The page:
A bright day dawned and we headed north to Hermaness.
Hermaness is a mecca for seabirds, with over 100 000 breeding pairs of 15 different species, making up this internationally important seabird assemblage. The colonies of breeding great skua, gannet and puffin are also of international importance and numbers of guillemot, fulmar and shag at Hermaness all exceed 1% of the British population. The gannetry with around 6% of the breeding North Atlantic population, is the sixth largest British colony. This spectacular site is a must if you ever visit Shetland as it is a spectacle that you won’t forget!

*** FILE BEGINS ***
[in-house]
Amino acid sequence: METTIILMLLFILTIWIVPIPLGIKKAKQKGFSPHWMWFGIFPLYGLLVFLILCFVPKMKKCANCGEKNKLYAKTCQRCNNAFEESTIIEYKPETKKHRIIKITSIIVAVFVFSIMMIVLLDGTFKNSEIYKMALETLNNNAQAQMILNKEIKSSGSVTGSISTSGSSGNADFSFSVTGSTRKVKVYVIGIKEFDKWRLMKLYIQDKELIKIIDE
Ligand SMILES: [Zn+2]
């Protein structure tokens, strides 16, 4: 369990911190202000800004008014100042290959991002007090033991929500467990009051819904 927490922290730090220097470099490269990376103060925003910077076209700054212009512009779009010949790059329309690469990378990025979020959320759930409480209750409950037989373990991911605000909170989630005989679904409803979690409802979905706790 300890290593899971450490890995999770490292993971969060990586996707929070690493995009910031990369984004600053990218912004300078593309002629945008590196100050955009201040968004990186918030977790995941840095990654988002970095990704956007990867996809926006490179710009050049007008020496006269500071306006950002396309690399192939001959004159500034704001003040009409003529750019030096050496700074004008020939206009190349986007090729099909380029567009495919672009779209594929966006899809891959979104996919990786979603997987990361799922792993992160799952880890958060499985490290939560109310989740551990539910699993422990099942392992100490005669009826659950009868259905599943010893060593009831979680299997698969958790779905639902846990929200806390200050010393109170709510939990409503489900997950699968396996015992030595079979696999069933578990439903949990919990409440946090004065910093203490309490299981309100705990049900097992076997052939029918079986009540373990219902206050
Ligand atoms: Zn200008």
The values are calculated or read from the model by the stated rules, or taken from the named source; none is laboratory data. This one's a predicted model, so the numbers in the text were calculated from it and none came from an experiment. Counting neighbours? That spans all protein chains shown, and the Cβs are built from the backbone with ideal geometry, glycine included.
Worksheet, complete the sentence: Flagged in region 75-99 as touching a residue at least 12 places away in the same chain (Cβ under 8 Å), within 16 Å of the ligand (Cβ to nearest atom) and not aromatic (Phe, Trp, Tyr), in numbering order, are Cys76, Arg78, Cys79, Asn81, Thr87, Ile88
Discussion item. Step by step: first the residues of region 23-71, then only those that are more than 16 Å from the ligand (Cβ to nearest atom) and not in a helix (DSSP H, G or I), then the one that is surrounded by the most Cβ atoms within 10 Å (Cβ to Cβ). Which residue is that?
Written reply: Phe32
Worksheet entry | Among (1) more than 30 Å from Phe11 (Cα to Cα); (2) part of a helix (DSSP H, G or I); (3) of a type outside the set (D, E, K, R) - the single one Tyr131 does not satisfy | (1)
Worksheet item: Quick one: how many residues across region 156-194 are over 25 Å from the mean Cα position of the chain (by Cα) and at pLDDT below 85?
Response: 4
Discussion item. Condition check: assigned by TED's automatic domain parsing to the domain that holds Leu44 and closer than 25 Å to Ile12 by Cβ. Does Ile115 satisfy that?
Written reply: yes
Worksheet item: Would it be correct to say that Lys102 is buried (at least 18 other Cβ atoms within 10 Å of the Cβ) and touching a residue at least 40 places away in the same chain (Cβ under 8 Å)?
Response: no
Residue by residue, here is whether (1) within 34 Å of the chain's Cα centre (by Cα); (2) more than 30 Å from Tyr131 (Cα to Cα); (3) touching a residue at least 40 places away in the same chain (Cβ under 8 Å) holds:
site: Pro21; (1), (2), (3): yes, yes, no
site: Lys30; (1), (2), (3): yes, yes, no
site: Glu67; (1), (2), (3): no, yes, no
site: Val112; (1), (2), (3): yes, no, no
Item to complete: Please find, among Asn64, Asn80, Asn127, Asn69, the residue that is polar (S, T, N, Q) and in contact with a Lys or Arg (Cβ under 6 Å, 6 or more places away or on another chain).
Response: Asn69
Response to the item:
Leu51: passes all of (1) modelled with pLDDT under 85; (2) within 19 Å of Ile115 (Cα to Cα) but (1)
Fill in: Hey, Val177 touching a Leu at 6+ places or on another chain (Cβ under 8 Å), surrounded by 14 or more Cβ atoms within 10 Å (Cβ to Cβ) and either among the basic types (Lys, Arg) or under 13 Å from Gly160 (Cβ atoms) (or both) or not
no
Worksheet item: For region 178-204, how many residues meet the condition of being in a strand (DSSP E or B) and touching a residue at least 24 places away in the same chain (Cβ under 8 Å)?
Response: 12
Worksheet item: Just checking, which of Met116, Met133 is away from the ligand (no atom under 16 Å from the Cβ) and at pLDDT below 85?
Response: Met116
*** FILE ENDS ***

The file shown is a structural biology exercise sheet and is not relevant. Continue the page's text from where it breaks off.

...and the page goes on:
We headed up from the car park, pausing on the way to look at the beautiful sundew that pepper the path with their fiery glow…
A broadwalk takes you up, through the moor and breeding bonxies, toward the cliffs. These bonxies, with around 6% of the breeding North Atlantic population, is the sixth largest British colony.
Nothing really prepares you for the views, as you reach the end of the broad walk and reach the cliffs….
Puffins burrows can be seen along the top edges and we could hear the young inside, calling and waiting for their next meal!
The main gannetry is just a short walk and no photos will ever be able to do this amazing spectacle justice. The cliffs, white with guano, are a mass of gannets, rising, falling soaring, calling and tending nests. Everywhere you look, the skies are full… it is incredible…